English display and Spanish desplegar are cognates, but we can more easily understand the etymology of the Spanish verb. It comes from Medieval Latin displicāre, which changed the meaning of the classical Latin verb displicāre ‘to scatter,‘ a compound of dis- ‘apart’ and plicāre ‘to fold.’ The Medieval sense of displicāre, and hence desplegar, was ‘to unfold.’ English display has nothing to do with play, of course, but comes via Anglo-Norman despleier from the same Medieval Spanish displicāre that gave rise to desplegar. The modern Spanish verb has various senses: ‘to unfold, spread, open, display, expand, unfurl’ and, in a military sense, ‘to deploy.’ If English deploy looks suspiciously like display, it’s not a coincidence. Deploy goes back to Old French despleier, which evolved directly from classical Latin displicāre. As a result, English deploy and display are doublets, with the first coming from mainstream French and the second from Anglo-Norman.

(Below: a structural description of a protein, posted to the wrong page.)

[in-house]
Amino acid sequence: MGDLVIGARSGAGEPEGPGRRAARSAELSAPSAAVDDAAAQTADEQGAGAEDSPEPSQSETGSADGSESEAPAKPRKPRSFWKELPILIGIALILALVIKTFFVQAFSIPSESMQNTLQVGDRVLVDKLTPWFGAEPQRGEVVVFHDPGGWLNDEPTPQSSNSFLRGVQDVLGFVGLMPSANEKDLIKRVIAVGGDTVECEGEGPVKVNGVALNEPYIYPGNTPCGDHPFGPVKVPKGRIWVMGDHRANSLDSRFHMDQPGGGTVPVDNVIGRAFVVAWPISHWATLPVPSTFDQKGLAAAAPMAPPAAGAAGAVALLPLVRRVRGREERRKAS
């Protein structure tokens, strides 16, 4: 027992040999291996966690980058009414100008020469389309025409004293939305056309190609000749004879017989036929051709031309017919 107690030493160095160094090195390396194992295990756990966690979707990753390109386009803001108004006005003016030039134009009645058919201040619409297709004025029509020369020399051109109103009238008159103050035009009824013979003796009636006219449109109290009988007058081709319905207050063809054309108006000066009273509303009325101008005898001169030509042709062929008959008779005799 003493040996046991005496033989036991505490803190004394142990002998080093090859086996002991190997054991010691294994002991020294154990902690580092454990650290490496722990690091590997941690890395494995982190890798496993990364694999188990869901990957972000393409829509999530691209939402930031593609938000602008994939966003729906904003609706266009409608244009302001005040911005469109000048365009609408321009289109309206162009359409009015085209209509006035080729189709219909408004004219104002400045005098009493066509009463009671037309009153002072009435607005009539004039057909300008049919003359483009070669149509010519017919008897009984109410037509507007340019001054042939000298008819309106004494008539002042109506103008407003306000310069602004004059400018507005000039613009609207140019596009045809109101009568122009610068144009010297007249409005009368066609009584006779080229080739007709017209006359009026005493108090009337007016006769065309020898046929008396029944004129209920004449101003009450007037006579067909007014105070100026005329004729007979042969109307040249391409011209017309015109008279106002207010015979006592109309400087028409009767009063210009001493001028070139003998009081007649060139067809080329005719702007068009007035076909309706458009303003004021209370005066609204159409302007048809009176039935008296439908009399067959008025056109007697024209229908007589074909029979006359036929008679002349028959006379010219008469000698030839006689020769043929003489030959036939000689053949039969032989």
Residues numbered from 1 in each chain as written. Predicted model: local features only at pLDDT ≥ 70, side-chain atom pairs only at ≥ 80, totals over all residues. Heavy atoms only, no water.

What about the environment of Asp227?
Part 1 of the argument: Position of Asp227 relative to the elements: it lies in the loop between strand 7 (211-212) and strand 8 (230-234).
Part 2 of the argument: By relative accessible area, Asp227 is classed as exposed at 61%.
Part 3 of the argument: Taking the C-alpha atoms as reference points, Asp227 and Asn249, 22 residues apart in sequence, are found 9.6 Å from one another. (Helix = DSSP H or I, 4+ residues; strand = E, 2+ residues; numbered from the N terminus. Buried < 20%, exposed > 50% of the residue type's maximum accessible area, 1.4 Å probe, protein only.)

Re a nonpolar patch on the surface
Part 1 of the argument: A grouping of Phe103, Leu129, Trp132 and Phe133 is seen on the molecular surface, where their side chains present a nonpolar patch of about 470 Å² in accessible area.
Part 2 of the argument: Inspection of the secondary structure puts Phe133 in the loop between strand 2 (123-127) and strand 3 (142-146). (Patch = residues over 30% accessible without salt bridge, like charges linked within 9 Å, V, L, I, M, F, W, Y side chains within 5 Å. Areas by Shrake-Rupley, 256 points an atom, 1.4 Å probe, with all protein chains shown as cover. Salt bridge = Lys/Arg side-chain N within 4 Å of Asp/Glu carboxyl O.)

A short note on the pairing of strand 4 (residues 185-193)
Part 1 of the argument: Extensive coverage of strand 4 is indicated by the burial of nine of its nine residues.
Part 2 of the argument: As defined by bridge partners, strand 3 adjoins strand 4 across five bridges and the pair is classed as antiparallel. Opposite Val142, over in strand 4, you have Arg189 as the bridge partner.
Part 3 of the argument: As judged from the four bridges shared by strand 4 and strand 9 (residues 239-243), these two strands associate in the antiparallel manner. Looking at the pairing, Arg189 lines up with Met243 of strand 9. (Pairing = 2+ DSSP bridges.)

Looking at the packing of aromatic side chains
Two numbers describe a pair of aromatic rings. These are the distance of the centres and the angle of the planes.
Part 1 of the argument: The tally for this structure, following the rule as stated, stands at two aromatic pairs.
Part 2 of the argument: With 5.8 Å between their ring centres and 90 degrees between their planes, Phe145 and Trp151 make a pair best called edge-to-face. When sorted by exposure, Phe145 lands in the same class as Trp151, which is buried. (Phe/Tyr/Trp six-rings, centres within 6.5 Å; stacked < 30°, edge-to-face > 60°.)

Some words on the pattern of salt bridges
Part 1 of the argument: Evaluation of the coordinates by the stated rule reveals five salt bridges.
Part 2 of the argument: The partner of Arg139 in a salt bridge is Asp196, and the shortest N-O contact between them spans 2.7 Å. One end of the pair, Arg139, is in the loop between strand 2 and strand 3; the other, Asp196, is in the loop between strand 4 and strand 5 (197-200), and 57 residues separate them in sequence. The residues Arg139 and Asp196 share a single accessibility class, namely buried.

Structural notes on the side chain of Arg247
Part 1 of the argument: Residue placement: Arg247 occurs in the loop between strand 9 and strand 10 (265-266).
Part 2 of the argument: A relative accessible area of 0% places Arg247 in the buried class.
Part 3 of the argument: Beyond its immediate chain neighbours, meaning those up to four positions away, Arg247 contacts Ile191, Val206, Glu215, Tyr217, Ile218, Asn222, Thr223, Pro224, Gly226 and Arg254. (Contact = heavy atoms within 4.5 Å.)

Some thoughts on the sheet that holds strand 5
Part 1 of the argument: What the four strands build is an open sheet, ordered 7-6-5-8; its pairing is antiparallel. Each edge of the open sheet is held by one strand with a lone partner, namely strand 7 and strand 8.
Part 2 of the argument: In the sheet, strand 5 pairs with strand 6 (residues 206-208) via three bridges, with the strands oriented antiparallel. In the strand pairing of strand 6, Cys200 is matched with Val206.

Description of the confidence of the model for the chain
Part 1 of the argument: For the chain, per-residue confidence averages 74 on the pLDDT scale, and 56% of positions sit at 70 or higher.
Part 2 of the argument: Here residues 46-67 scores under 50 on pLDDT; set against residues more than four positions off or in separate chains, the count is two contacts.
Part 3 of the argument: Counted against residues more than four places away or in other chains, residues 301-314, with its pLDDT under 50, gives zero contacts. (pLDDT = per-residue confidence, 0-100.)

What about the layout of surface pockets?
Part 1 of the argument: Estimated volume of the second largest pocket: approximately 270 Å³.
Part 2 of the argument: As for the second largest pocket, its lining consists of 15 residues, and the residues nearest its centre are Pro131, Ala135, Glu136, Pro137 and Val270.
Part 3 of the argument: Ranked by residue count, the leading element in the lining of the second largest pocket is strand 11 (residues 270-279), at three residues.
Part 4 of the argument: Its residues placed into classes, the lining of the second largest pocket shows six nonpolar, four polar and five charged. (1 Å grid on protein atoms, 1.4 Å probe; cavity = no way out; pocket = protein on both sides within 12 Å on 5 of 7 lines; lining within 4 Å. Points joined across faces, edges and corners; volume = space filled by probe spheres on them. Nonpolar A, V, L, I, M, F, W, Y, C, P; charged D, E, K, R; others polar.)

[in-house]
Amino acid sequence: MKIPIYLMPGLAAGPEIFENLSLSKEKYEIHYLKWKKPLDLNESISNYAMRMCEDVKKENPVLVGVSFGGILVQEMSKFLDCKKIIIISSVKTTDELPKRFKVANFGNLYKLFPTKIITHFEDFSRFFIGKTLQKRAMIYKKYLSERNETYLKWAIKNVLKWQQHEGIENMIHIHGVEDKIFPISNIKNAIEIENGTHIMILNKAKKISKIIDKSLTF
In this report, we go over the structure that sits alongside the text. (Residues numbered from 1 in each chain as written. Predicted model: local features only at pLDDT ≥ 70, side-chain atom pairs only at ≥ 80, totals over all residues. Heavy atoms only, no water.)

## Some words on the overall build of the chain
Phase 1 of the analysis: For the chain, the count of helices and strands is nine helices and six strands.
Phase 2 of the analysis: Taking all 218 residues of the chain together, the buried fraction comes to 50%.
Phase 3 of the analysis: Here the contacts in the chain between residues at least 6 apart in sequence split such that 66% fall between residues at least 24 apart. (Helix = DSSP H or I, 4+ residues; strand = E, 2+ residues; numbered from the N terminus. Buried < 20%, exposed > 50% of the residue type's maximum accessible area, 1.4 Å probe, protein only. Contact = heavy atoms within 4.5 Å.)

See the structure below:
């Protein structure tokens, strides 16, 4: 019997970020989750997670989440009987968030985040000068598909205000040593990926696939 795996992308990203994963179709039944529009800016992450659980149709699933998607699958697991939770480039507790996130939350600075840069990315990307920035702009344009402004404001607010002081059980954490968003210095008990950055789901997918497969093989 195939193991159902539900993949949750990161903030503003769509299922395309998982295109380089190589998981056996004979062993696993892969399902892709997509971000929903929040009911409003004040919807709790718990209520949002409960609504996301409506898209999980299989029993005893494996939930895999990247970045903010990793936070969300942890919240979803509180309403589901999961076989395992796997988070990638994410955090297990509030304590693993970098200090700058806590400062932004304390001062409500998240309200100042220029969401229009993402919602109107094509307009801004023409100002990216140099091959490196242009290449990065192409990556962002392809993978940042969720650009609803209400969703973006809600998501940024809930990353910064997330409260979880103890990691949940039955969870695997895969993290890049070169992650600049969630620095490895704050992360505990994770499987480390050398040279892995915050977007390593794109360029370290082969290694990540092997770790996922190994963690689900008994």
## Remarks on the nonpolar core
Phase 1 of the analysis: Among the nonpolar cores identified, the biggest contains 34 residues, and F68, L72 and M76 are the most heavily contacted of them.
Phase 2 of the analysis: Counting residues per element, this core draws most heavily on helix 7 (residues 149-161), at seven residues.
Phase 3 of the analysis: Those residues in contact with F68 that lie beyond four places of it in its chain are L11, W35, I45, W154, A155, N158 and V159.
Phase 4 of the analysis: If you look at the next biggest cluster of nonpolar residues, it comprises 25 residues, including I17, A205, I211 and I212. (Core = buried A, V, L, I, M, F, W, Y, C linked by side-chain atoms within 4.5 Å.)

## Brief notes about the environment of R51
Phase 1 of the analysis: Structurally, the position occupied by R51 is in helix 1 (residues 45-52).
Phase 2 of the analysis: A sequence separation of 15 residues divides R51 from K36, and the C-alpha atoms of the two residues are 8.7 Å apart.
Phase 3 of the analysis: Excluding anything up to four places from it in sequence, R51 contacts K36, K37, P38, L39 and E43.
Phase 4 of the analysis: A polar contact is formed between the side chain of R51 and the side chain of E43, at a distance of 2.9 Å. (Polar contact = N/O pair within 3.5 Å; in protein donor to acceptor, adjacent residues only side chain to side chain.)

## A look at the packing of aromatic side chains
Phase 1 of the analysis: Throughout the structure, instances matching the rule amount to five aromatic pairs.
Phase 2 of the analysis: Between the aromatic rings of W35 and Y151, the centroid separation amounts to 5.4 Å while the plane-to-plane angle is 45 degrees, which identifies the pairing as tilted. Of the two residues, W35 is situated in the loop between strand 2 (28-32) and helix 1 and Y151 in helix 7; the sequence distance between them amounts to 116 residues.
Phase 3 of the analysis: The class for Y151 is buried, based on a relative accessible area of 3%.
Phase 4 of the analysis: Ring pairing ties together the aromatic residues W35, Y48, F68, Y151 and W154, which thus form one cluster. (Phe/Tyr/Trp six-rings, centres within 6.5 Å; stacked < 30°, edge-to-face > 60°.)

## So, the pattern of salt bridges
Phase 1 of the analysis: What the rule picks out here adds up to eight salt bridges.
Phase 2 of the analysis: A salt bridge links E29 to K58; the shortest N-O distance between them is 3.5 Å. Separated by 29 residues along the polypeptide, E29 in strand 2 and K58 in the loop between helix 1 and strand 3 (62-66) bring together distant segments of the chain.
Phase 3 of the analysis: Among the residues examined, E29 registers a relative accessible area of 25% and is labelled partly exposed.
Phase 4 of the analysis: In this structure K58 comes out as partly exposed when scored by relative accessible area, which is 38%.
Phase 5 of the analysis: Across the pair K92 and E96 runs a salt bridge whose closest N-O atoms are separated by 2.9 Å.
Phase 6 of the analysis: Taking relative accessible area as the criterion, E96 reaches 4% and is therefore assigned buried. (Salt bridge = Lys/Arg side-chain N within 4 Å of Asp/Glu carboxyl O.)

© 2014 Steven Schwartzman